Jeff Loria thinks a lot of things, of course. Here he is talking to Joe Capozzi of the Palm Beach Post before his Fish got shut out for the second straight game:
“It’s great baseball. It’s the beginning of a new era for us and it’s exciting,’’ Loria said before the Marlins lost 3-0 to Washington on Wednesday, the team’s second consecutive shutout to open the season. “People will look back two years from now and say, ‘They did the right thing.’”
If the Marlins are winning two years from now they will talk about good players and baseball games. They will not say a damn thing about Loria or his decision making. Because he is so odious an owner he has foreclosed the possibility that even success will be met with praise. Really, he is the worst owner in sports.
The only thing Marlins fans will ever thank Loria for is if he goes into a year or two’s worth of media invisibility. Even if they want to like this team, his presecene surrounding it will make it that much harder. For the good of the franchise, he cannot be its face. He needs to retreat into silent ownership.
Veteran utilityman Reid Brignac is in camp with the Astros on a minor league deal. The 31-year-old is close to being done as a major leaguer as he owns a career .219/.264/.309 triple-slash line across parts of nine seasons. In an effort to prolong his big league career, Brignac is now attempting to become a switch-hitter, MLB.com’s Brian McTaggart reports.
I’m going to try it out this year. It was something that I just thought long and hard about and I was like, ‘OK, I’m going to try and see how it goes.’ I used to switch-hit when I was younger off and on, nothing consistent. I could always handle the bat right-handed. I play golf right-handed, so I do a lot of things that way that feel natural.
I just want to get to the point where I’m trying to stay in games, not get pinch-hit for, not starting games because a lefty is starting. … That could help me stay in the games longer. I’m trying to add a new element. I play multiple positions and now if I can switch hit and be consistent at it, then that can only help me.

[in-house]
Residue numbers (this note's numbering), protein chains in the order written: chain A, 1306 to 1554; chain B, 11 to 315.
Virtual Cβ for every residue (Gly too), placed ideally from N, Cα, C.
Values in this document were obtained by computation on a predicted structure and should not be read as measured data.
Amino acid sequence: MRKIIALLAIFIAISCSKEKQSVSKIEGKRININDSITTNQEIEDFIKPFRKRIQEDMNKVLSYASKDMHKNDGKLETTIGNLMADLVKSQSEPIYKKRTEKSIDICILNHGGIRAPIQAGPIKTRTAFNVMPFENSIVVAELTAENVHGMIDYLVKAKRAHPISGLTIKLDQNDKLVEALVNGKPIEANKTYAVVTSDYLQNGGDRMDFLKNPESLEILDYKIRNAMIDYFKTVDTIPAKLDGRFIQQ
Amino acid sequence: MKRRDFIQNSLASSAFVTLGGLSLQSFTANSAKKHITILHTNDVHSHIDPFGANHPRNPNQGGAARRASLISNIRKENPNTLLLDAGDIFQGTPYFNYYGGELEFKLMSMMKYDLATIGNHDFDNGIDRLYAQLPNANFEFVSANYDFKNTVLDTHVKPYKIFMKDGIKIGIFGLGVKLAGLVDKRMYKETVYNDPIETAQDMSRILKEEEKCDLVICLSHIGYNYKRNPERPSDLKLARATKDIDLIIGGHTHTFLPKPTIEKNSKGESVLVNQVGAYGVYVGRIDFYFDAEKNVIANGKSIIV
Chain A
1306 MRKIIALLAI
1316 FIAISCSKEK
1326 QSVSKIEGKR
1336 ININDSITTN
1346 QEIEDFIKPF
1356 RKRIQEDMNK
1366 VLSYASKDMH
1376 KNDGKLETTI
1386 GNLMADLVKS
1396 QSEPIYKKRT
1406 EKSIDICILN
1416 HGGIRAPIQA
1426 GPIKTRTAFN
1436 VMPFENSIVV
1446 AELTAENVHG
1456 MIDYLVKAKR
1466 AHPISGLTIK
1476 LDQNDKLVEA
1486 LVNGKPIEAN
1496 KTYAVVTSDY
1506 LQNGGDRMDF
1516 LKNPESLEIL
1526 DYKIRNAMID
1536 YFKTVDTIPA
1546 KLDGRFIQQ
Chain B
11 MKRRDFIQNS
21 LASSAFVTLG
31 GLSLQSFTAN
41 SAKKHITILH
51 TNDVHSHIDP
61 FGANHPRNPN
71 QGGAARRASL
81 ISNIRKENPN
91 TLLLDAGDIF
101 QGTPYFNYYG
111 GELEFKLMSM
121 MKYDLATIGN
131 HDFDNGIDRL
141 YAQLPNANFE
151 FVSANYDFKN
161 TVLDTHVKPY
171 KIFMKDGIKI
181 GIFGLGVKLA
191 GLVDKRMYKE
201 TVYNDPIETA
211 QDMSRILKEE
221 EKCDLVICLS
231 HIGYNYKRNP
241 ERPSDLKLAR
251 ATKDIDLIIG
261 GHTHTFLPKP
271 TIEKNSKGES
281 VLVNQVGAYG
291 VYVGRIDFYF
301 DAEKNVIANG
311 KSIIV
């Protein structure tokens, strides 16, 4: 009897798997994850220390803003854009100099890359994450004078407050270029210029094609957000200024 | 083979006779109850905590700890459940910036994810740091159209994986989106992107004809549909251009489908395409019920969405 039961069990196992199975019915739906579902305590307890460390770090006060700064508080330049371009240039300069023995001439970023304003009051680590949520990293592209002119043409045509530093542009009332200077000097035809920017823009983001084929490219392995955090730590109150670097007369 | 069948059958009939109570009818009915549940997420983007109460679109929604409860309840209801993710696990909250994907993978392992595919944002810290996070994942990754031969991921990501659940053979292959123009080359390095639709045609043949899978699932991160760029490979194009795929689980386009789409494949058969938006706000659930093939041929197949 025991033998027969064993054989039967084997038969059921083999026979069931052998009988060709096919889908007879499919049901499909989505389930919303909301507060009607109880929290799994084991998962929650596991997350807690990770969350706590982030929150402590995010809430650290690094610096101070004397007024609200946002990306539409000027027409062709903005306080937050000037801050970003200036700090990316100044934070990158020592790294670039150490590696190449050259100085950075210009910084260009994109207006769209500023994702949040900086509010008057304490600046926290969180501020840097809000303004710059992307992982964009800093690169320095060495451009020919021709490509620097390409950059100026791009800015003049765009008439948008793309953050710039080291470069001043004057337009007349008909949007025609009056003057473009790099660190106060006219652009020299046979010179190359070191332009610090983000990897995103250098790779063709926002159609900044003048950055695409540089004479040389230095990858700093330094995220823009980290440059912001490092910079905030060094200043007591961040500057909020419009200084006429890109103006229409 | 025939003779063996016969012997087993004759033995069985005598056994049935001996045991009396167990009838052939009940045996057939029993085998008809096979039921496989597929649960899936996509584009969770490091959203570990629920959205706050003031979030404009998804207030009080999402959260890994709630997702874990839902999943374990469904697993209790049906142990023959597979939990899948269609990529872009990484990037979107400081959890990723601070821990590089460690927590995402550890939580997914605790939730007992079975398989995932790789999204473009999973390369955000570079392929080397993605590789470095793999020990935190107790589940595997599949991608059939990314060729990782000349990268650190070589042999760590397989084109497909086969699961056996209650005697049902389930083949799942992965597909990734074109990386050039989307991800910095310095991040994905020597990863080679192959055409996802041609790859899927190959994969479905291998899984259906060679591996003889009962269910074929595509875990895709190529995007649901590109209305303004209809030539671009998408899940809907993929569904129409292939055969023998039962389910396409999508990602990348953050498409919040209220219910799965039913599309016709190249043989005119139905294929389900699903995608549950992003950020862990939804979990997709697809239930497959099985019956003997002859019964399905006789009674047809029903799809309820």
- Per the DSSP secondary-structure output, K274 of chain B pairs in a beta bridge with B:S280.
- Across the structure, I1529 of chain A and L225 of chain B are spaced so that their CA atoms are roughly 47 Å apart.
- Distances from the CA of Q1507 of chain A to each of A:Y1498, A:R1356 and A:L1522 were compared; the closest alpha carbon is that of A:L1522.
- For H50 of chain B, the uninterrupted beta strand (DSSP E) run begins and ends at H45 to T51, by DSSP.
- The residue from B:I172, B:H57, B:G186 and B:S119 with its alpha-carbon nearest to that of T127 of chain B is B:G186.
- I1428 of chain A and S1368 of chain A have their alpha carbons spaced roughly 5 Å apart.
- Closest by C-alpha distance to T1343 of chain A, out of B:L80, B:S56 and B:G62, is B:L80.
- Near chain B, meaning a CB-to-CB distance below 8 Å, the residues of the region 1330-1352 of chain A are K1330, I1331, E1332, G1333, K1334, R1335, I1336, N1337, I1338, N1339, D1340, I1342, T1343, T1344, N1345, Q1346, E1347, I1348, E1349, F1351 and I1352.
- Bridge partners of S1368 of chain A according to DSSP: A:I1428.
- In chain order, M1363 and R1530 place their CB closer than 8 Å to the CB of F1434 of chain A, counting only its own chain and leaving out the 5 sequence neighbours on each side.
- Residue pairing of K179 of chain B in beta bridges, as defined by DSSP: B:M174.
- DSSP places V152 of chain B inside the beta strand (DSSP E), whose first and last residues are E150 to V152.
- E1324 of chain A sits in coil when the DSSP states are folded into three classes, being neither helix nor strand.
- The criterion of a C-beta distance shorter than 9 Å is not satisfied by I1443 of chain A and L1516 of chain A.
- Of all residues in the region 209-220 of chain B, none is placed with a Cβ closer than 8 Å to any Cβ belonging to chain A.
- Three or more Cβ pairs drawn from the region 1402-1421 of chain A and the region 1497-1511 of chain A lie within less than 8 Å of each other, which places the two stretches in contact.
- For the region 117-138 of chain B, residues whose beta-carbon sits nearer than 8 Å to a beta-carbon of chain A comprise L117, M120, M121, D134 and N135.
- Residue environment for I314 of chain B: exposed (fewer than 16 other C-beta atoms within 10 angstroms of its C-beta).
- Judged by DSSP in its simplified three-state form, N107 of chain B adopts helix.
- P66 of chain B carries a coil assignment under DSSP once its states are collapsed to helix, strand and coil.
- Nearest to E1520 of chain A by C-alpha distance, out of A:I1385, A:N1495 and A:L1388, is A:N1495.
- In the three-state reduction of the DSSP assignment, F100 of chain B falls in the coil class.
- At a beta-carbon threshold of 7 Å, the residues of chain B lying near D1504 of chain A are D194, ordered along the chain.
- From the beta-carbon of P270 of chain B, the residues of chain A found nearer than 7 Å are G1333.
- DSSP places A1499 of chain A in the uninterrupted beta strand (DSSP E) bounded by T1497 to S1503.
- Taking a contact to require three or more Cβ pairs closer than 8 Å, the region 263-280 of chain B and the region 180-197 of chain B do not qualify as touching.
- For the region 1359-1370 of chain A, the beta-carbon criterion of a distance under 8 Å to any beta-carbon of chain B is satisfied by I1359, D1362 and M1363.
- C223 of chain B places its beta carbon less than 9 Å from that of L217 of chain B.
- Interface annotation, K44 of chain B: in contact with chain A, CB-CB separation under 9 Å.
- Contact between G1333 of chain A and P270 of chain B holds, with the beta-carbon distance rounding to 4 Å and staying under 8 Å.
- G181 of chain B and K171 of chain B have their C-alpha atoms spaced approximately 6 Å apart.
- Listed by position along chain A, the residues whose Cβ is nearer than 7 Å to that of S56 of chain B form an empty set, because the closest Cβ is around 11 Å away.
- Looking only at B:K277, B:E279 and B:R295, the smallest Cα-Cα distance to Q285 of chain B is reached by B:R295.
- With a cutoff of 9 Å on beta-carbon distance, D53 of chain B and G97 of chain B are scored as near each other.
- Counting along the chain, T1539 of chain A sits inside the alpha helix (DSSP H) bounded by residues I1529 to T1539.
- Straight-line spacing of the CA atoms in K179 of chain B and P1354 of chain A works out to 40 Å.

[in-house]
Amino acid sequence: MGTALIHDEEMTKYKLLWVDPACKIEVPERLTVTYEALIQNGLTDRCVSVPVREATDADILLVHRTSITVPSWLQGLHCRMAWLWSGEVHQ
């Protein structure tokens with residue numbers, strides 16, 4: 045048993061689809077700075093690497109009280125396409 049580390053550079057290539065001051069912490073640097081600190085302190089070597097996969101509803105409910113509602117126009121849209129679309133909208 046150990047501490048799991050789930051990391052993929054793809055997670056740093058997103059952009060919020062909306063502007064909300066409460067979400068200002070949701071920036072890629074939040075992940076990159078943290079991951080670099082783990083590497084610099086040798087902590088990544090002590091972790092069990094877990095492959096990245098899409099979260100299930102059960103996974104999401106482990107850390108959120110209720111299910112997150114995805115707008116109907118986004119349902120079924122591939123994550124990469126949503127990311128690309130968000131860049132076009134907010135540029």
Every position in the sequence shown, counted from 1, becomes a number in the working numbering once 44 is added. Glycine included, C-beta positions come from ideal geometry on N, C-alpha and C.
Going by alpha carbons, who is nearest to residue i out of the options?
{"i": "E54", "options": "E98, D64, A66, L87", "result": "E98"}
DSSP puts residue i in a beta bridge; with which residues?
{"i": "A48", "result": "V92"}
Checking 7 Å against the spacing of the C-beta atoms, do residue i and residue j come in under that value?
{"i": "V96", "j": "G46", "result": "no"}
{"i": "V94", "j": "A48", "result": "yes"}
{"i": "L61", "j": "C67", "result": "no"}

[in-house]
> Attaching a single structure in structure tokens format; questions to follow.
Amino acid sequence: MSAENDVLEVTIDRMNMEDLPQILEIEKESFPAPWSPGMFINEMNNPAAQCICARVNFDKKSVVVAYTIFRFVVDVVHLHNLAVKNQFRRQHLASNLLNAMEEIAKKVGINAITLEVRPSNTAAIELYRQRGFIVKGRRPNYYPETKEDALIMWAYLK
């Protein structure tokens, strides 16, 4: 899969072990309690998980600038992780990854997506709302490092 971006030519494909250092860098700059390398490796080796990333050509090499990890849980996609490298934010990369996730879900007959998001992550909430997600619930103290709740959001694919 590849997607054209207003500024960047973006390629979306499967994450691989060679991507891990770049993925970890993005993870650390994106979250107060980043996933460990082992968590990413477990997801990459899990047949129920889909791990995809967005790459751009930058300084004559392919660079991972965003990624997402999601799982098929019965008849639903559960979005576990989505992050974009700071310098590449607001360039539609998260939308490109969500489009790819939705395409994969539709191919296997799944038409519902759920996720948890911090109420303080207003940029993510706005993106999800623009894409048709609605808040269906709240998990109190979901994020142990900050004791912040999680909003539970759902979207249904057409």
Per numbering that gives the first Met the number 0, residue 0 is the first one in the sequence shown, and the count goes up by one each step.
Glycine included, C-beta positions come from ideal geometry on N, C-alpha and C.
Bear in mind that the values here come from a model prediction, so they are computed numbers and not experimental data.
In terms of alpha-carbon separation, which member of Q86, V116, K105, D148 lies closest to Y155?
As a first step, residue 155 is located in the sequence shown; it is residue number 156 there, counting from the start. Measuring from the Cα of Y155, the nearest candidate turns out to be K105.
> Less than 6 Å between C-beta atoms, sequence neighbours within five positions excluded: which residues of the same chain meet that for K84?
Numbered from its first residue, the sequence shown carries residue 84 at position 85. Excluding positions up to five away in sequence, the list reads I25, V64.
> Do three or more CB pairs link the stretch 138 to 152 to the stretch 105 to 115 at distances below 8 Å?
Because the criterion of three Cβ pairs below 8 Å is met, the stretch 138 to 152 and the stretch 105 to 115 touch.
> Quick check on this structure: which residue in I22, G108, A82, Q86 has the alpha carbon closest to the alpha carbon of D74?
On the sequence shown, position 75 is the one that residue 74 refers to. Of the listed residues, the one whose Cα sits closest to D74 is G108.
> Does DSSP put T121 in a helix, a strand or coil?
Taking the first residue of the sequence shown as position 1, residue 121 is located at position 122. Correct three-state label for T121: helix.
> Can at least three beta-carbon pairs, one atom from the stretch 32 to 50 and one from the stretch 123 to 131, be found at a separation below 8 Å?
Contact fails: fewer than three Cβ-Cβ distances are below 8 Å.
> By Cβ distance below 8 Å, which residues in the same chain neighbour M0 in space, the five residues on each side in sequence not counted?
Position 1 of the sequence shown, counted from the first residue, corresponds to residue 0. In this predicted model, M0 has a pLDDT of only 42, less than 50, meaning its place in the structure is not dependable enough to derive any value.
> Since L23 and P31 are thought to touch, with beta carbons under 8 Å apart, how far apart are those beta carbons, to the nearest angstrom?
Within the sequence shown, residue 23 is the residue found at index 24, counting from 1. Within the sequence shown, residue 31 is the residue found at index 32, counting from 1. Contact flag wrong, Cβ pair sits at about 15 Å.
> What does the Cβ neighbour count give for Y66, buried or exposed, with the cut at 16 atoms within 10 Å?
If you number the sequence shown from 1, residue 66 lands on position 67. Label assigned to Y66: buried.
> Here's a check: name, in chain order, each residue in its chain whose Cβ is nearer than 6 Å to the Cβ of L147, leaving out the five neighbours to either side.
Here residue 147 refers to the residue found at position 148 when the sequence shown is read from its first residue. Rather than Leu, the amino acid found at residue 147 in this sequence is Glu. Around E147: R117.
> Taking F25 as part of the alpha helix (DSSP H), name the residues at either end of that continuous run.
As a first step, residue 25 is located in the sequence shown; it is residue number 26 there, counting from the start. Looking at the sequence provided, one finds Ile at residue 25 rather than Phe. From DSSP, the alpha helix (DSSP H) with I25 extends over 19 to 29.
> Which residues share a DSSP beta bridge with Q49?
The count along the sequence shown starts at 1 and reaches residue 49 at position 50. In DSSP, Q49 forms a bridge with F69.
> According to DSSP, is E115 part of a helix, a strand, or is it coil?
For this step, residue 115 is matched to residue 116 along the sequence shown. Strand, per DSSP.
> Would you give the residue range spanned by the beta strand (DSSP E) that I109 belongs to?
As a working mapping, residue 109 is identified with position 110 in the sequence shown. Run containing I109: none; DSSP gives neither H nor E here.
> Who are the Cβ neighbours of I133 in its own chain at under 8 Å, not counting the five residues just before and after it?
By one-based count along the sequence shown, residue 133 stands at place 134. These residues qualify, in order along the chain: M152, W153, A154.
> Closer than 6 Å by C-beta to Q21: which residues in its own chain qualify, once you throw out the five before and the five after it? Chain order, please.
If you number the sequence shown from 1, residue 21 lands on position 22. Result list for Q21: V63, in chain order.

As Brignac mentions, he’s also verstile. He’s a shortstop by trade, but has also logged plenty of innings at second base and third base, and has occasionally played corner outfield.
There aren’t any examples — at least that I can think of — where players began switch-hitting late in their careers and actually succeeding in the major leagues. As the saying goes, you can’t teach an old dog new tricks. But here’s hoping Brignac bucks the trend.
Angels shortstop Andrelton Simmons fell off the map a bit last year due to a combination of the Angels’ mediocrity, Simmons’ lack of offense, and a month-plus of missed action due to a torn ligament in his left thumb.
Simmons is still as good and as smart as ever on defense. That was on full display Monday when the Angels hosted the Padres for an afternoon spring exhibition.
With a runner on first base and nobody out in the top of the second inning, Carlos Asuaje grounded a 2-0 J.C. Ramirez fastball to right field. The runner, Hunter Renfroe, advanced to third base. Meanwhile, Asuaje wandered a little too far off the first base bag. Simmons cut off the throw to first base, spun around and fired to Luis Valbuena at first base. Valbuena swiped the tag on Asuaje for the first out of the inning.